Dealing with Losing Things

The challenges of life after cancer may include “losing things” all the time. This is not the occasional losing things of healthy busy people, but a pervasive problem with losing things throughout the day, every day.

Losing things can be a big deal during and after an illness like cancer. Besides disrupting your day, losing things may…

  • cause embarrassment and loss of confidence

  • strain relationships and reshape roles in unwanted ways

  • make you feel like you’re wasting time looking for lost items, which is especially upsetting if you believe every minute is precious

  • feel like salt on a wound, if you're dealing with major losses due to your illness

  • stir a sense that the physical world has become uncertain, which may exacerbate anxiety related to uncertainty about the future

The first step is to report the symptom to your healthcare team. Doing so opens opportunities for your physicians to improve your care by…

  • Determining whether there's a need to evaluate for other causes of cognitive impairment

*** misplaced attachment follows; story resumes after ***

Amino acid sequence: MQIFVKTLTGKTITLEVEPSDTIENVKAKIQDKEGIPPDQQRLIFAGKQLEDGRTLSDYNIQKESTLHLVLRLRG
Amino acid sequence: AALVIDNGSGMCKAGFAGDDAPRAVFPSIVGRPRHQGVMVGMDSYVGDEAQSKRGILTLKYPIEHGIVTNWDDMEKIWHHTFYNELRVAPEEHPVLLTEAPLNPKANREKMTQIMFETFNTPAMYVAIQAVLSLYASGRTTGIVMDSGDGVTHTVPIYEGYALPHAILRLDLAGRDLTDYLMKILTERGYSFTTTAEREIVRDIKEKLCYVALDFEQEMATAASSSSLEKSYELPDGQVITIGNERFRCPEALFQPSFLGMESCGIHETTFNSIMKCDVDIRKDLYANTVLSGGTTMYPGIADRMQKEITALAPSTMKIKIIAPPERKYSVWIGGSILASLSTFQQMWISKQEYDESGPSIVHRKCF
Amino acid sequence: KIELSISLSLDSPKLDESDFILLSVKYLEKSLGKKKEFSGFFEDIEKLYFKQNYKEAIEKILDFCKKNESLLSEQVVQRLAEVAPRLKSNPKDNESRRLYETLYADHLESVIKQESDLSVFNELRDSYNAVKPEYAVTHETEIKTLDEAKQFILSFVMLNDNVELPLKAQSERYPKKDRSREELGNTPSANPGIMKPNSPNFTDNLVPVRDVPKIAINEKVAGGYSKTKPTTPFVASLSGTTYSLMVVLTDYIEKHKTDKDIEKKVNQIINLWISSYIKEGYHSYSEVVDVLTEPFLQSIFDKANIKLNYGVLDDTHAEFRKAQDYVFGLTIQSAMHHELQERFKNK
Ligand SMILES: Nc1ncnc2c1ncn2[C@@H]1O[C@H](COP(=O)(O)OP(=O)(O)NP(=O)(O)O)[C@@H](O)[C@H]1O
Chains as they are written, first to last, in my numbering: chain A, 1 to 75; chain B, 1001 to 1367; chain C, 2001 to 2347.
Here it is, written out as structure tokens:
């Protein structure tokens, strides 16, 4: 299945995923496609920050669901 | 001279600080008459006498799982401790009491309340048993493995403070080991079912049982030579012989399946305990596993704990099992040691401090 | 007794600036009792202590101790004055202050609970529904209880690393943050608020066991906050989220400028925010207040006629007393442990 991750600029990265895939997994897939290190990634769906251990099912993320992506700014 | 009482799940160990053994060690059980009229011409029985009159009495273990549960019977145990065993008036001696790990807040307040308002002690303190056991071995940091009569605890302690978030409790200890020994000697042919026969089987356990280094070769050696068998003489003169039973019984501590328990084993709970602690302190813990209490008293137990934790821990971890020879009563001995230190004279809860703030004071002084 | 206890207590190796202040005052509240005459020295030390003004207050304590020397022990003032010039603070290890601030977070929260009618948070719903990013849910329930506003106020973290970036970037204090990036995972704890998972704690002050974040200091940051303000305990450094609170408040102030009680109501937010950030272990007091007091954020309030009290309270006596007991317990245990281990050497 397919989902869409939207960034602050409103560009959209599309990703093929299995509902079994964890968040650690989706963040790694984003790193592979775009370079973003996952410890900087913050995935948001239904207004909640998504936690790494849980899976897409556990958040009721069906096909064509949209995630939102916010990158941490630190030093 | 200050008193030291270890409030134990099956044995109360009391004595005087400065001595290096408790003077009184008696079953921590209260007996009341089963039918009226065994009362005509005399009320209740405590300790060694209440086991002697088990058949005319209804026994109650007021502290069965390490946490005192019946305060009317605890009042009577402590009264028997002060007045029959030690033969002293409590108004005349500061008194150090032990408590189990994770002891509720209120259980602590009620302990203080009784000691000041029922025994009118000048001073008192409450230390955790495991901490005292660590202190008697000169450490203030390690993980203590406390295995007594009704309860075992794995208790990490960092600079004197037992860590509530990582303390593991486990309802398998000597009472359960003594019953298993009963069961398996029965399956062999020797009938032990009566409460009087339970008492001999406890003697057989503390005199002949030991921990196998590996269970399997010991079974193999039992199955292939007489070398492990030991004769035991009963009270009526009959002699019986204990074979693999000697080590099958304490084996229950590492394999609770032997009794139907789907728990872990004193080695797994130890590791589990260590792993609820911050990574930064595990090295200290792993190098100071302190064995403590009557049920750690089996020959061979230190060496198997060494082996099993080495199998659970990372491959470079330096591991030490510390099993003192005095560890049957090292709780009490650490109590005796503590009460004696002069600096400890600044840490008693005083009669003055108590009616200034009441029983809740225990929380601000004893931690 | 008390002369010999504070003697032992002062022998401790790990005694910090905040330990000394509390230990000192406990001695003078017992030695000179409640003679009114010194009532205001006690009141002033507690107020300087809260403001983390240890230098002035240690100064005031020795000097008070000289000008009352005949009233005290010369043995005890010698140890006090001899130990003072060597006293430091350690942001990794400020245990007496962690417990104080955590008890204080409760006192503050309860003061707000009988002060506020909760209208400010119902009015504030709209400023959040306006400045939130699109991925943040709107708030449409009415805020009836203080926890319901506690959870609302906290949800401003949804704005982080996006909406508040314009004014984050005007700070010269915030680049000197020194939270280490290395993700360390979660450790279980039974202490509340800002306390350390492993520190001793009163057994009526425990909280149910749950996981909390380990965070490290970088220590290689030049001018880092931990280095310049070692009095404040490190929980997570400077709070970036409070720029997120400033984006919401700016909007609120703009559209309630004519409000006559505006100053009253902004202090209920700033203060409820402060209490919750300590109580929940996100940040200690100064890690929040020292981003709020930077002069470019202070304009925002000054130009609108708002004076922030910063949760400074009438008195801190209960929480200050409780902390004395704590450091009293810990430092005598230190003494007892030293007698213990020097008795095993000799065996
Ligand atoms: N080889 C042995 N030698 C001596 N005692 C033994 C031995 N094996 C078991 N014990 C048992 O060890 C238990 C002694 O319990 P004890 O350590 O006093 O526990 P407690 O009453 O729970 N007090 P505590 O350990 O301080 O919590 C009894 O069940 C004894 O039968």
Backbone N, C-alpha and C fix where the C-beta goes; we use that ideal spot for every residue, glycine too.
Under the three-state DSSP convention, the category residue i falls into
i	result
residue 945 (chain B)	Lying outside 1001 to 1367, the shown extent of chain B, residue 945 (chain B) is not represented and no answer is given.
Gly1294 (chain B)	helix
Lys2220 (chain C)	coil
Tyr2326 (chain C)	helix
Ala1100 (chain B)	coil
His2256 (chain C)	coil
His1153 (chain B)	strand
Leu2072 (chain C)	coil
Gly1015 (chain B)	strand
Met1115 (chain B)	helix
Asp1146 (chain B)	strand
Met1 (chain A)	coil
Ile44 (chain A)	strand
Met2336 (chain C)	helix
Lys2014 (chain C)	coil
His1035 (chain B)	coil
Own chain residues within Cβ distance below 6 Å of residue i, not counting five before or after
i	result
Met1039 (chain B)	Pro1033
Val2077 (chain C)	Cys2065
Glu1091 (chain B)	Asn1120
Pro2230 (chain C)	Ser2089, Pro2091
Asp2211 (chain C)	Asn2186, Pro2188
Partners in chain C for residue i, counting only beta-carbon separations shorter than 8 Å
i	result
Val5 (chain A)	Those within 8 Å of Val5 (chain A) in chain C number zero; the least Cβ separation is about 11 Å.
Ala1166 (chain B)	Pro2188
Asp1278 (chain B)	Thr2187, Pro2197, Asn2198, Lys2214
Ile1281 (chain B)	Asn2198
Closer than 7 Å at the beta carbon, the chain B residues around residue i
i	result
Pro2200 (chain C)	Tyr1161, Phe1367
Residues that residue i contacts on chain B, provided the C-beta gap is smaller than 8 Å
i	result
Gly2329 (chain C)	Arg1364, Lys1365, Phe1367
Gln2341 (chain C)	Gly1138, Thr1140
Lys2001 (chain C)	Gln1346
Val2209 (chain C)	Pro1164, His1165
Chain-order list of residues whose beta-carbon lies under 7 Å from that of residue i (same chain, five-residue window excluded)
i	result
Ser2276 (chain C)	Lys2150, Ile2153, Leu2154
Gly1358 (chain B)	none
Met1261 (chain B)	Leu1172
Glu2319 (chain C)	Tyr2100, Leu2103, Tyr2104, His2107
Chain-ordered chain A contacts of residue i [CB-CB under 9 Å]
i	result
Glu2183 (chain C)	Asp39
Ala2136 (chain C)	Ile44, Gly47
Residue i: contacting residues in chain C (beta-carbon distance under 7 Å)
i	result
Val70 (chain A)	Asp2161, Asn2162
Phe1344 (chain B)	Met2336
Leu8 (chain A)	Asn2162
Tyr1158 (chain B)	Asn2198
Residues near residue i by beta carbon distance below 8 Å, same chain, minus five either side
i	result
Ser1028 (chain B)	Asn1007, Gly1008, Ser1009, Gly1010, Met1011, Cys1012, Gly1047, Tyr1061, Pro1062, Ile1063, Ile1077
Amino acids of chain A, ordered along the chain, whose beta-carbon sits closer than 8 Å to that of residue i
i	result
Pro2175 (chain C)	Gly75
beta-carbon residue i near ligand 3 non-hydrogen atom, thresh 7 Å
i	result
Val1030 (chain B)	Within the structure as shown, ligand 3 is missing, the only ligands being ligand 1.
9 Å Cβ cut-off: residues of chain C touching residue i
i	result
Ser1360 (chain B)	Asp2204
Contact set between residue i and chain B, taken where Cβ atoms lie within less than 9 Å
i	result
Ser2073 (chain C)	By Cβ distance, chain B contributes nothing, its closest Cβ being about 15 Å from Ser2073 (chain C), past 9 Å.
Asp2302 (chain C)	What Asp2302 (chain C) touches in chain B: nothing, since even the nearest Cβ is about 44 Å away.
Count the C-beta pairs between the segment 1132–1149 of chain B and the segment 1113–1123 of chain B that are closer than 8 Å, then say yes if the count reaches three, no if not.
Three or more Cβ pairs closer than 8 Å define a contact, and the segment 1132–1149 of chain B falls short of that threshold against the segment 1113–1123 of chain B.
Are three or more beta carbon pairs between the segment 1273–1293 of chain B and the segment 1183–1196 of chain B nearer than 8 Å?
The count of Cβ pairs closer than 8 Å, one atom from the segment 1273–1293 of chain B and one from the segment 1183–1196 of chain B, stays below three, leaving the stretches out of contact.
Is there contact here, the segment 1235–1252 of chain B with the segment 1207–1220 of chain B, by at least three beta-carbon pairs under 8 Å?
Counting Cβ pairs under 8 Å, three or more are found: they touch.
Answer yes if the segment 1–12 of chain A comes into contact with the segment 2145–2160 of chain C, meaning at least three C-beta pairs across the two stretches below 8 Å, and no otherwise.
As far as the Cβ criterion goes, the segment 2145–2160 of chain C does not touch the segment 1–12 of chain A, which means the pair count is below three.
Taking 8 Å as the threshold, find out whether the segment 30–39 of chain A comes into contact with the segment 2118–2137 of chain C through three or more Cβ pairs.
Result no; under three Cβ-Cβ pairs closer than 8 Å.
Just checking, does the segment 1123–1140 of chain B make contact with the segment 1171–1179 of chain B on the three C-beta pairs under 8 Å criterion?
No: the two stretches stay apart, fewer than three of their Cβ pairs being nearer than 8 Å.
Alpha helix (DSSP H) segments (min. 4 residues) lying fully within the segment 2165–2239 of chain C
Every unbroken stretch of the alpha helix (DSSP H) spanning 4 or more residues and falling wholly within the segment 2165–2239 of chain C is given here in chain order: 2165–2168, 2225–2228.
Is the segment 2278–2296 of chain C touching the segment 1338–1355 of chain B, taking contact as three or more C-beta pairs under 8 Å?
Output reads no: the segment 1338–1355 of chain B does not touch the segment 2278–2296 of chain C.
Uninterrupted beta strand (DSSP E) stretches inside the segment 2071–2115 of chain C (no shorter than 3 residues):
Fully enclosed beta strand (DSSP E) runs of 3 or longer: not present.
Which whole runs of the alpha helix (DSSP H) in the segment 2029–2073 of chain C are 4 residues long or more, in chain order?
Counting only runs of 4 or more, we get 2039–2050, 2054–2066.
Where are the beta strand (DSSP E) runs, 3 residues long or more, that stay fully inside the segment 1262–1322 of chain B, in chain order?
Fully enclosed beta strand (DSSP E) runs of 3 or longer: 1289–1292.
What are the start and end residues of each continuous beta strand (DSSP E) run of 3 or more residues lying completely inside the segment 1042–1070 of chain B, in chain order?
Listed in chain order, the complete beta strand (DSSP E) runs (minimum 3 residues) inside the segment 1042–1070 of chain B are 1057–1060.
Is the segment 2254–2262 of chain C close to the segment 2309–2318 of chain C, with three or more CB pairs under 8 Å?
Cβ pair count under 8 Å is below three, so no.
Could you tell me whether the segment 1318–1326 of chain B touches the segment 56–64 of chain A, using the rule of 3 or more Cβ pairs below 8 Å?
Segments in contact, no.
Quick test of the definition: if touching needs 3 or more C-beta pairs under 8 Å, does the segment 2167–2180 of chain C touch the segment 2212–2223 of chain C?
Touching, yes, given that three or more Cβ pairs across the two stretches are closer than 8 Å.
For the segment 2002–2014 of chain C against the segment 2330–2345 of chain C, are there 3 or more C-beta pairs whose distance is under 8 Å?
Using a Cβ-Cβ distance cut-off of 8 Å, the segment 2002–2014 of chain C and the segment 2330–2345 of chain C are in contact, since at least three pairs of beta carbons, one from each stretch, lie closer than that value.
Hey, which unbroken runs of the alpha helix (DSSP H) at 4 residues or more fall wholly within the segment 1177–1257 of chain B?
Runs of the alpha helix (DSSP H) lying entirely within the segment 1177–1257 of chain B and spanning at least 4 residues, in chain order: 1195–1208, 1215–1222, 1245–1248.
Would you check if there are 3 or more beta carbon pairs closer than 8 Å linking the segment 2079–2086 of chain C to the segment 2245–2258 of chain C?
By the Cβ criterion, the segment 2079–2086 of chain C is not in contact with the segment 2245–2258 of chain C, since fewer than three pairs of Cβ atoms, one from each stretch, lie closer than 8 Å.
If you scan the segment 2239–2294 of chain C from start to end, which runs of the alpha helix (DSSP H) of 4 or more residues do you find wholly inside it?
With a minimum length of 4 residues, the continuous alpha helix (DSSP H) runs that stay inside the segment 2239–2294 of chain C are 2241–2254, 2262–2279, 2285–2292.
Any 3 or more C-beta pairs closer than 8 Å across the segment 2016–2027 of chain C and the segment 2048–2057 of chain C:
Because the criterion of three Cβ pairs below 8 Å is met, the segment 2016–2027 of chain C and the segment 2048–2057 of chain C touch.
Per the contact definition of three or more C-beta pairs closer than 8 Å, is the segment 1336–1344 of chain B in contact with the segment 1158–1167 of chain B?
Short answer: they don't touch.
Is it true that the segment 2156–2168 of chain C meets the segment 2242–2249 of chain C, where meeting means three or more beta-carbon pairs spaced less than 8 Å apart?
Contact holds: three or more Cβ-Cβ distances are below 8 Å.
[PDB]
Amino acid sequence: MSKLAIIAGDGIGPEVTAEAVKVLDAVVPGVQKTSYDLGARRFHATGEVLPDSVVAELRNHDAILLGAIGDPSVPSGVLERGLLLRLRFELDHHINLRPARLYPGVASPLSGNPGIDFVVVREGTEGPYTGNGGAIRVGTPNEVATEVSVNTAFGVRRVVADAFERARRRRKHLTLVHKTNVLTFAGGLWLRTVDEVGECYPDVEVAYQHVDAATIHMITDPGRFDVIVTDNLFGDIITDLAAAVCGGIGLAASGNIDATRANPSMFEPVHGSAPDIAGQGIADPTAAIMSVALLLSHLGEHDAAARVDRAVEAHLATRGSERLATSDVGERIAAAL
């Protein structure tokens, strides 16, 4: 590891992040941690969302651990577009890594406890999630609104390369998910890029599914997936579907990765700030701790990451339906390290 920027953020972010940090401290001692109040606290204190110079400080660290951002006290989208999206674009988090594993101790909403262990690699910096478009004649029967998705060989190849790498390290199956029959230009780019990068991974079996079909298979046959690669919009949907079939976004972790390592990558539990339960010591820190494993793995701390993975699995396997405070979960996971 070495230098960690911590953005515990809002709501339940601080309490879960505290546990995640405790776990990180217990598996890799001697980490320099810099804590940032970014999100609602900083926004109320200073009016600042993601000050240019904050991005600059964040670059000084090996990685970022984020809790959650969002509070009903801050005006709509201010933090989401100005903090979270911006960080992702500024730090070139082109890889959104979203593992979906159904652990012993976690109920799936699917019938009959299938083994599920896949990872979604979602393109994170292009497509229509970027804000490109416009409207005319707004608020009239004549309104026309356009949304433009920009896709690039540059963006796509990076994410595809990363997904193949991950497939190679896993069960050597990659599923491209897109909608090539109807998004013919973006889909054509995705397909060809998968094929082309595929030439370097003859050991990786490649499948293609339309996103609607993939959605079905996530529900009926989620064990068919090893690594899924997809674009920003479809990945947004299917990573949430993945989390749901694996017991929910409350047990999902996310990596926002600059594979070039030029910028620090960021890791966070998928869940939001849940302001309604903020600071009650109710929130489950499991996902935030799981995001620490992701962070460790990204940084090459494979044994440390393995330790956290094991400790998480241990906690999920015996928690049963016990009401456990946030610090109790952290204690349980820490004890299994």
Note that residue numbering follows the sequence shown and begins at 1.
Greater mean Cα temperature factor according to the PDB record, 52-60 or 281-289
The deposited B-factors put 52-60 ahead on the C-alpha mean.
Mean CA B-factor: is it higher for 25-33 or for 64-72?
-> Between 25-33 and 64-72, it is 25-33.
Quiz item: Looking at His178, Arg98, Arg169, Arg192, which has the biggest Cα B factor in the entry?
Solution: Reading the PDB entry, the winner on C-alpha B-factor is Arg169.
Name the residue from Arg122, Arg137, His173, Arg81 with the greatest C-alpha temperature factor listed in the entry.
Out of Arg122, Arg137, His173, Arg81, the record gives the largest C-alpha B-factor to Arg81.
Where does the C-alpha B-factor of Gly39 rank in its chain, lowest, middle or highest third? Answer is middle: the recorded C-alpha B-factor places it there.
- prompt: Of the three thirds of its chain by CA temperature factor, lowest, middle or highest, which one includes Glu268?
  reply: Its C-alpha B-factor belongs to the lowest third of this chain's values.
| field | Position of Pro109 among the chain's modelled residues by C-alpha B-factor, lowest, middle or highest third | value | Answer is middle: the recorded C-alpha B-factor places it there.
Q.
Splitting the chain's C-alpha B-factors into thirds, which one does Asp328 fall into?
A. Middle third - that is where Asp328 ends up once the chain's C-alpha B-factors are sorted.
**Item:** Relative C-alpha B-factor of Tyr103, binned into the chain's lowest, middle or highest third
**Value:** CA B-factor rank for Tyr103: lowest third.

• Reviewing your medications and adjusting them, when possible 

  • Guiding you to resources on minimizing the problem with some behavioral changes and adjusting to the challenges in healthy ways.

The symptom of “losing things” often goes unreported. Some patients don’t want to complain. Others believe it’s not important enough. Still others fear it might signal Alzheimer’s Disease or brain cancer. As a Healthy Survivor, remember: The diagnosis sets us free, even if it hurts when we learn it.

From  Healing Hope—Through and Beyond Cancer  Illustration by Emma Mathes

From Healing Hope—Through and Beyond Cancer Illustration by Emma Mathes

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